To test the TCL C745 we used Portrait Displays Calman colour calibration software.
TCL C745 review: Gaming
The TCL C745 is an absolute belter as a gaming TV, partly because of all the strengths already mentioned. The excellent SDR and HDR performance, along with support for all the current HDR formats, ensures bright, accurate and detailed images when gaming.
TCL’s Game Master Pro brings a host of gaming-specific features to the C745, kicking off with ALLM (Auto Low Latency Mode), which detects a video games console and automatically switches into the game mode. This is important because, in the Game mode, the input lag drops to anywhere from 13.2 to 5.7ms – depending on the resolution and frame rate of the game.
These lightning-fast response times are even more impressive when combined with 4K/120Hz HFR (High Frame Rate) and VRR (Variable Refresh Rate) gaming. The result is a wonderfully smooth and engaging gaming experience. If you have a PC gaming rig, you can even play at refresh rates up to 4K/144Hz, and there’s support for AMD Freesync Premium Pro.
TCL has added a pop-up gaming hub that provides information on the TV’s gaming status, such as ALLM, VRR, frame rate and HDR. There are also various useful features available, including the ability to take screenshots, adjust the shadow levels, and activate an aiming aid. Additionally, there’s quick access to the game picture modes and the menus.
Since the C745 uses an LCD panel there’s no danger of image retention or screen burn-in when gaming for long periods of time, and the overall gaming performance is superb, thanks to the low input lag, detailed 4K images, and buttery smooth high frame rate motion. The colour gamut is punchy, and the HDR tone mapping is accomplished, making this a cracking TV for gamers.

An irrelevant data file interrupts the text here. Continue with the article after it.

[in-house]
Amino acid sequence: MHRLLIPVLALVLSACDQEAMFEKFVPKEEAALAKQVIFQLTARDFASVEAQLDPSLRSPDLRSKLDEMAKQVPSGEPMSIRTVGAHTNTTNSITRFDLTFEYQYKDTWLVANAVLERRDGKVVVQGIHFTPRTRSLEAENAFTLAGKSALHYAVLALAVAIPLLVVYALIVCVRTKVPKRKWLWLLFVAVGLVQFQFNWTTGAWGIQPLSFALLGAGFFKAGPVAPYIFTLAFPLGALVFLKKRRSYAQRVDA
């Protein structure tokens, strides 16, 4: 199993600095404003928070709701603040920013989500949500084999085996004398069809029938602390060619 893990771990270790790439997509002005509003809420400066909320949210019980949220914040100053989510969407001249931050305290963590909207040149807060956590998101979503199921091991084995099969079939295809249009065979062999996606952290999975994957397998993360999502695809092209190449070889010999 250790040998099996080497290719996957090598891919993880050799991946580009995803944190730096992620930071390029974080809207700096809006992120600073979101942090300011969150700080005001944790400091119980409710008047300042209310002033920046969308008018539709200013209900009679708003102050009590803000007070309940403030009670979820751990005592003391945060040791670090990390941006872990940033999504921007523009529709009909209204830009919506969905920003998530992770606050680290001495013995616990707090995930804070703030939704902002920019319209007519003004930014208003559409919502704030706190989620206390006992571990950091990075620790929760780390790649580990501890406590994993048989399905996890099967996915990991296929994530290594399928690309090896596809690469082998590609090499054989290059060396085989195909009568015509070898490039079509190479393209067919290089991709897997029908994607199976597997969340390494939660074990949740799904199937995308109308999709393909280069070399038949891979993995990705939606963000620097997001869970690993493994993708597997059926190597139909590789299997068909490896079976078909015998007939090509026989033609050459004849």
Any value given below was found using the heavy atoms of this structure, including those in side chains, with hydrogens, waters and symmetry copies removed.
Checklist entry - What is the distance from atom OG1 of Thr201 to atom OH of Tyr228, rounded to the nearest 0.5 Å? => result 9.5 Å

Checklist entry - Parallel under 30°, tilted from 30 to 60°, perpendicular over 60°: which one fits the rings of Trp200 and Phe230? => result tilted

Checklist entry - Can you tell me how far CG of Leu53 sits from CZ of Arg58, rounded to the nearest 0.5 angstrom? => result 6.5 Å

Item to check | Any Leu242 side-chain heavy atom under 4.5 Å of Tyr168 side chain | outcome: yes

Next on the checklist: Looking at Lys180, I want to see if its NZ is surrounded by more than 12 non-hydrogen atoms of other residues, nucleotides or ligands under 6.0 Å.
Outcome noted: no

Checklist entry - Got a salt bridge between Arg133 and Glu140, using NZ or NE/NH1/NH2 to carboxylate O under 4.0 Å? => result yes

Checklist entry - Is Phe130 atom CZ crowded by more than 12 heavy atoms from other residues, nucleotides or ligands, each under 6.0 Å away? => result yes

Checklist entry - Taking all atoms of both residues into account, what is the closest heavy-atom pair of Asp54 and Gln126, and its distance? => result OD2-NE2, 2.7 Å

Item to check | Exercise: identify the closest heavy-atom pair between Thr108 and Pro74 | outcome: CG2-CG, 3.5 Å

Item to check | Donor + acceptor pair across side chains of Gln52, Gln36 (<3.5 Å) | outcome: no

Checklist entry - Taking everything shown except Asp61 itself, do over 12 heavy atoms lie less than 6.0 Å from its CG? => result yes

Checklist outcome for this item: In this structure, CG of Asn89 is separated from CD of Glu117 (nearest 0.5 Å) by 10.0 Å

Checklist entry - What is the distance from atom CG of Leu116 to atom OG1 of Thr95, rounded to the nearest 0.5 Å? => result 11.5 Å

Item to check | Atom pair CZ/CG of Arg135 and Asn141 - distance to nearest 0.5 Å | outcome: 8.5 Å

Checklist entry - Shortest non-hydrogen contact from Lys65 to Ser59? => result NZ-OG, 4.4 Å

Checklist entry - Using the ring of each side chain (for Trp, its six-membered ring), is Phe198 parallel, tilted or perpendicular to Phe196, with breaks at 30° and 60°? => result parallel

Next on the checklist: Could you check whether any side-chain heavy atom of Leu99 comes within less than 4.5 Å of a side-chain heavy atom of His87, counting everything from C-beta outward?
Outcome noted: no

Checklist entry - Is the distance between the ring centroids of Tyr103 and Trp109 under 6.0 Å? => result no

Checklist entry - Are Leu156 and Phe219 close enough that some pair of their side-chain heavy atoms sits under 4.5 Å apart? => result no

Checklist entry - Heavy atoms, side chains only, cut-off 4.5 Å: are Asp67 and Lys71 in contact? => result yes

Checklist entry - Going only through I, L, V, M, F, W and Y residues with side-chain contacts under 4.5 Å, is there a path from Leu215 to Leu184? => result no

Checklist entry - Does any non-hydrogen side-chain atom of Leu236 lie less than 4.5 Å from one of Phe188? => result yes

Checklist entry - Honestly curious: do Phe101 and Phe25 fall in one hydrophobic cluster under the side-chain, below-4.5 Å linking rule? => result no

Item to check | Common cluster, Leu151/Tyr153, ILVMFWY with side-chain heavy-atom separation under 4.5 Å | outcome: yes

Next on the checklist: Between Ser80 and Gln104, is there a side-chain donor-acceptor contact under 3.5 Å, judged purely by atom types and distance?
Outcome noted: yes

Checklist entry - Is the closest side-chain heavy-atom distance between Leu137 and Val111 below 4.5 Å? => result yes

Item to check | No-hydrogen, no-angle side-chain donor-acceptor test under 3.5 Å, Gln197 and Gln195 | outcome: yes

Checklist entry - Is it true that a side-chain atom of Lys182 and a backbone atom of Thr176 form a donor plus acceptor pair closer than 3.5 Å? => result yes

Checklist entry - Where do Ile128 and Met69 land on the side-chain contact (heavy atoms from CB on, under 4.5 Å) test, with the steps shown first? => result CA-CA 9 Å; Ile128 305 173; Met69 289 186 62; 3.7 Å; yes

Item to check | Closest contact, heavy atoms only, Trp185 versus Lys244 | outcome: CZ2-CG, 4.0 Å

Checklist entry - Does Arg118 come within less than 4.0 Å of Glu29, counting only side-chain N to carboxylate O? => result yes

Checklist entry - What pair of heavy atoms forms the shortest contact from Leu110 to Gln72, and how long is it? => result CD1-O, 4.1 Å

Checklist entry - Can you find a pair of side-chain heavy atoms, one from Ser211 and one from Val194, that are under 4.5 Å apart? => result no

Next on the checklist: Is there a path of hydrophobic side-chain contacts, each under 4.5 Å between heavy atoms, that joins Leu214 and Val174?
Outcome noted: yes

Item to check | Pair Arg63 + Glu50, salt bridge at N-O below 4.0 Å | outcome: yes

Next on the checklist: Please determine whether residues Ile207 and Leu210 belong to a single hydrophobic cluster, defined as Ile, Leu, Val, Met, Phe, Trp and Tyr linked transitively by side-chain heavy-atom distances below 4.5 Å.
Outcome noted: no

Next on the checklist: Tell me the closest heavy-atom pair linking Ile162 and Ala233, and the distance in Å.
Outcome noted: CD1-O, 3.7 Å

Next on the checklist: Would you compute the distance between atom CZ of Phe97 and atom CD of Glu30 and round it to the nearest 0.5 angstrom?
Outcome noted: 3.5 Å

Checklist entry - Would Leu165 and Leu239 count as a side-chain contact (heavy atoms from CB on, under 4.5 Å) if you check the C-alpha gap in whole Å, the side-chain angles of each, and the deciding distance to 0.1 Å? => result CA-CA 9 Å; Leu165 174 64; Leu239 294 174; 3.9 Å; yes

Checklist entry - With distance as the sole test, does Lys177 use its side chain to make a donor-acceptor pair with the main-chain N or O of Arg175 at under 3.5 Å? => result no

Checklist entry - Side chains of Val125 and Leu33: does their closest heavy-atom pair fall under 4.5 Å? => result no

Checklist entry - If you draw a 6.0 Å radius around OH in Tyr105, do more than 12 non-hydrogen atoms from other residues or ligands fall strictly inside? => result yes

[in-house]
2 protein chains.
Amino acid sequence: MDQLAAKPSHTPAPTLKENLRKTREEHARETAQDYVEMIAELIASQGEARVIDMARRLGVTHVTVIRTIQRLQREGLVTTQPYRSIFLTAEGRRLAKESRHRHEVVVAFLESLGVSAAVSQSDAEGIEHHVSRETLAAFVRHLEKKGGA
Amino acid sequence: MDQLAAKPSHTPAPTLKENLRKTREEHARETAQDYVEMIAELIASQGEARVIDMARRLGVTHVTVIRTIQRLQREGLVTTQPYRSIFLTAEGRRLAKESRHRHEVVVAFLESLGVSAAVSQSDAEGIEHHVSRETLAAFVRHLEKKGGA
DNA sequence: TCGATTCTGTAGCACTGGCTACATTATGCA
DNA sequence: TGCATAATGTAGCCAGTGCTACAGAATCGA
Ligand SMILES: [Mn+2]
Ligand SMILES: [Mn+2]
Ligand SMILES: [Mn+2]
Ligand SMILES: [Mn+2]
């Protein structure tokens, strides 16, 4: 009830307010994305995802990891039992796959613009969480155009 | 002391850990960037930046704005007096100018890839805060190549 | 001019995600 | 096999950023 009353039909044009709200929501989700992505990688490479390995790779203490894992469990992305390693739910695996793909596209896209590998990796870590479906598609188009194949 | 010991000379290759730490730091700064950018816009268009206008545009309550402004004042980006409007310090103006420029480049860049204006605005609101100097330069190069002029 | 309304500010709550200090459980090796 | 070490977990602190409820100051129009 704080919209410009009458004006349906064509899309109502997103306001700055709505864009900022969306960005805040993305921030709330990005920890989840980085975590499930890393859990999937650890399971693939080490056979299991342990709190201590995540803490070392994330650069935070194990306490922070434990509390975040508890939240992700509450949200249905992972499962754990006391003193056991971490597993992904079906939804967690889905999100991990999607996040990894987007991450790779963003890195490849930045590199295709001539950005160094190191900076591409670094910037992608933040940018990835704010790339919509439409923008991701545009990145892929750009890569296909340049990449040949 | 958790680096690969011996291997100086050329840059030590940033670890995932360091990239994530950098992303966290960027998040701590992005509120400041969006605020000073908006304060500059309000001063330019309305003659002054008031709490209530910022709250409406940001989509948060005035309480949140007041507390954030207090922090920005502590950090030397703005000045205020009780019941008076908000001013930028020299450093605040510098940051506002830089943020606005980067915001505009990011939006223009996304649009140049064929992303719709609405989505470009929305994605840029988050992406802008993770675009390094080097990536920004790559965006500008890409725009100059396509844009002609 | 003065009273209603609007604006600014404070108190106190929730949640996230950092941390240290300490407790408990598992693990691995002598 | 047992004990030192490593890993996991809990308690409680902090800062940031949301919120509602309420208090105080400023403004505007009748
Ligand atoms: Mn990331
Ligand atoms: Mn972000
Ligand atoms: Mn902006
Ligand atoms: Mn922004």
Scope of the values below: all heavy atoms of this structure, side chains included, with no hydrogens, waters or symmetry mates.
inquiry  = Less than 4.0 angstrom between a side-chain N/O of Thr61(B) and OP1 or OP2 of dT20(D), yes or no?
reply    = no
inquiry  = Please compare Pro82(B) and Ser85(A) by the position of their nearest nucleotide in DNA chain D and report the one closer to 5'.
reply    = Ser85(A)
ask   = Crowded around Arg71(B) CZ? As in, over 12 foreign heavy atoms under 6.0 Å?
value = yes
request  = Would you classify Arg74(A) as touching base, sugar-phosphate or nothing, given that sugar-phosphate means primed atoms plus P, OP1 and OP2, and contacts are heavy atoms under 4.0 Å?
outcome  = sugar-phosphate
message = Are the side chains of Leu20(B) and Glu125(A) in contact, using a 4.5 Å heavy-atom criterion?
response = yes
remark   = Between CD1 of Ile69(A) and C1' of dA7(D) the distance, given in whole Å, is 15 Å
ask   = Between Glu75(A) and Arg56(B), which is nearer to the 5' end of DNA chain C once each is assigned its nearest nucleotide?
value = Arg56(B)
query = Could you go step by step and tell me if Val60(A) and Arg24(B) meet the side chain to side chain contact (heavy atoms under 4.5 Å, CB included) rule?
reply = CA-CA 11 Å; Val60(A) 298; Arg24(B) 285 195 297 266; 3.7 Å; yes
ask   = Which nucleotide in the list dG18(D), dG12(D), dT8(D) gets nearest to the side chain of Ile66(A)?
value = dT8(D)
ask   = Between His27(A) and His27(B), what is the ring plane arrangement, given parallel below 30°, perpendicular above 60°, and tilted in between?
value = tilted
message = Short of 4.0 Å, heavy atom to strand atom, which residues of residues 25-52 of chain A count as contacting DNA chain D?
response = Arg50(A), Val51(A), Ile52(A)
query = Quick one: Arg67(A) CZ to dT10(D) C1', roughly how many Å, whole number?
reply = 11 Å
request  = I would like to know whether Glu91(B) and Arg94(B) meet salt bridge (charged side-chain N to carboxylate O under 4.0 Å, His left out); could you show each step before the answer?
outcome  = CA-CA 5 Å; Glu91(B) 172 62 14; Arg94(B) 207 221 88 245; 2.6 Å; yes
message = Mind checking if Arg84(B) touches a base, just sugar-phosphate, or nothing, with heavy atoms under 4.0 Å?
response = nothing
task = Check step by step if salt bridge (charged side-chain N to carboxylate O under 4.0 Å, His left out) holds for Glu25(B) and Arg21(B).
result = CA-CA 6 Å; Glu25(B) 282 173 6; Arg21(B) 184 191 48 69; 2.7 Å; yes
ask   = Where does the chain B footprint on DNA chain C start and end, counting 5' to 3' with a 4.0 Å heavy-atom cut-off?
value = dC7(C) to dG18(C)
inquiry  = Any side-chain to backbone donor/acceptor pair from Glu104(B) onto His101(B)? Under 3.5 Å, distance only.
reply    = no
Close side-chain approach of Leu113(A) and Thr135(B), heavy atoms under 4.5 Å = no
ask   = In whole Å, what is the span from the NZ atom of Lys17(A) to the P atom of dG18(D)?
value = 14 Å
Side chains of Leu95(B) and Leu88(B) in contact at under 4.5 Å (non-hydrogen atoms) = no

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TCL C745 review: Sound quality
The TCL C745 uses a pair of downward-firing full-range speakers, each of which has 15W of built-in amplification. The sound quality is reasonably good considering the TV’s dimensions and screen size, with a clean delivery, some nice detail, and a degree of stereo separation. However, there’s little in the way of bass extension, and the audio can sound strained at higher volumes.
There’s an Intelligent Sound feature with an Adaptive Volume option and a seven-band equaliser, and the C745 also supports Dolby Atmos and DTS Virtual-X, with the latter being something of a rarity on TVs these days. While both are welcome, they can’t work miracles with only two downward-firing speakers, but at least they give the audio a greater feeling of dimensionality.
The sound quality is best described as perfunctory, it gets the job done but anyone looking for a delivery that has scale and a real sense of immersion with movies and games should consider pairing the C745 with a Dolby Atmos soundbar that includes upward-firing drivers for genuine overhead effects, and a separate subwoofer for deeper and more powerful bass extension.
TCL C745 review: Verdict
The TCL C745 is a budget superstar, offering large screen sizes and impressive features at very affordable prices. The overall image performance is generally very good with both SDR and HDR, and while the Movie mode could be more accurate out of the box, and the TV isn’t quite as bright as claimed, the pictures produced are detailed, vibrant and punchy.
On top of that, the TCL is a fantastic choice for gamers with every enhancement imaginable and an incredibly low input lag. So if you love movies and gaming but your funds are limited, the C745 might be just the ticket.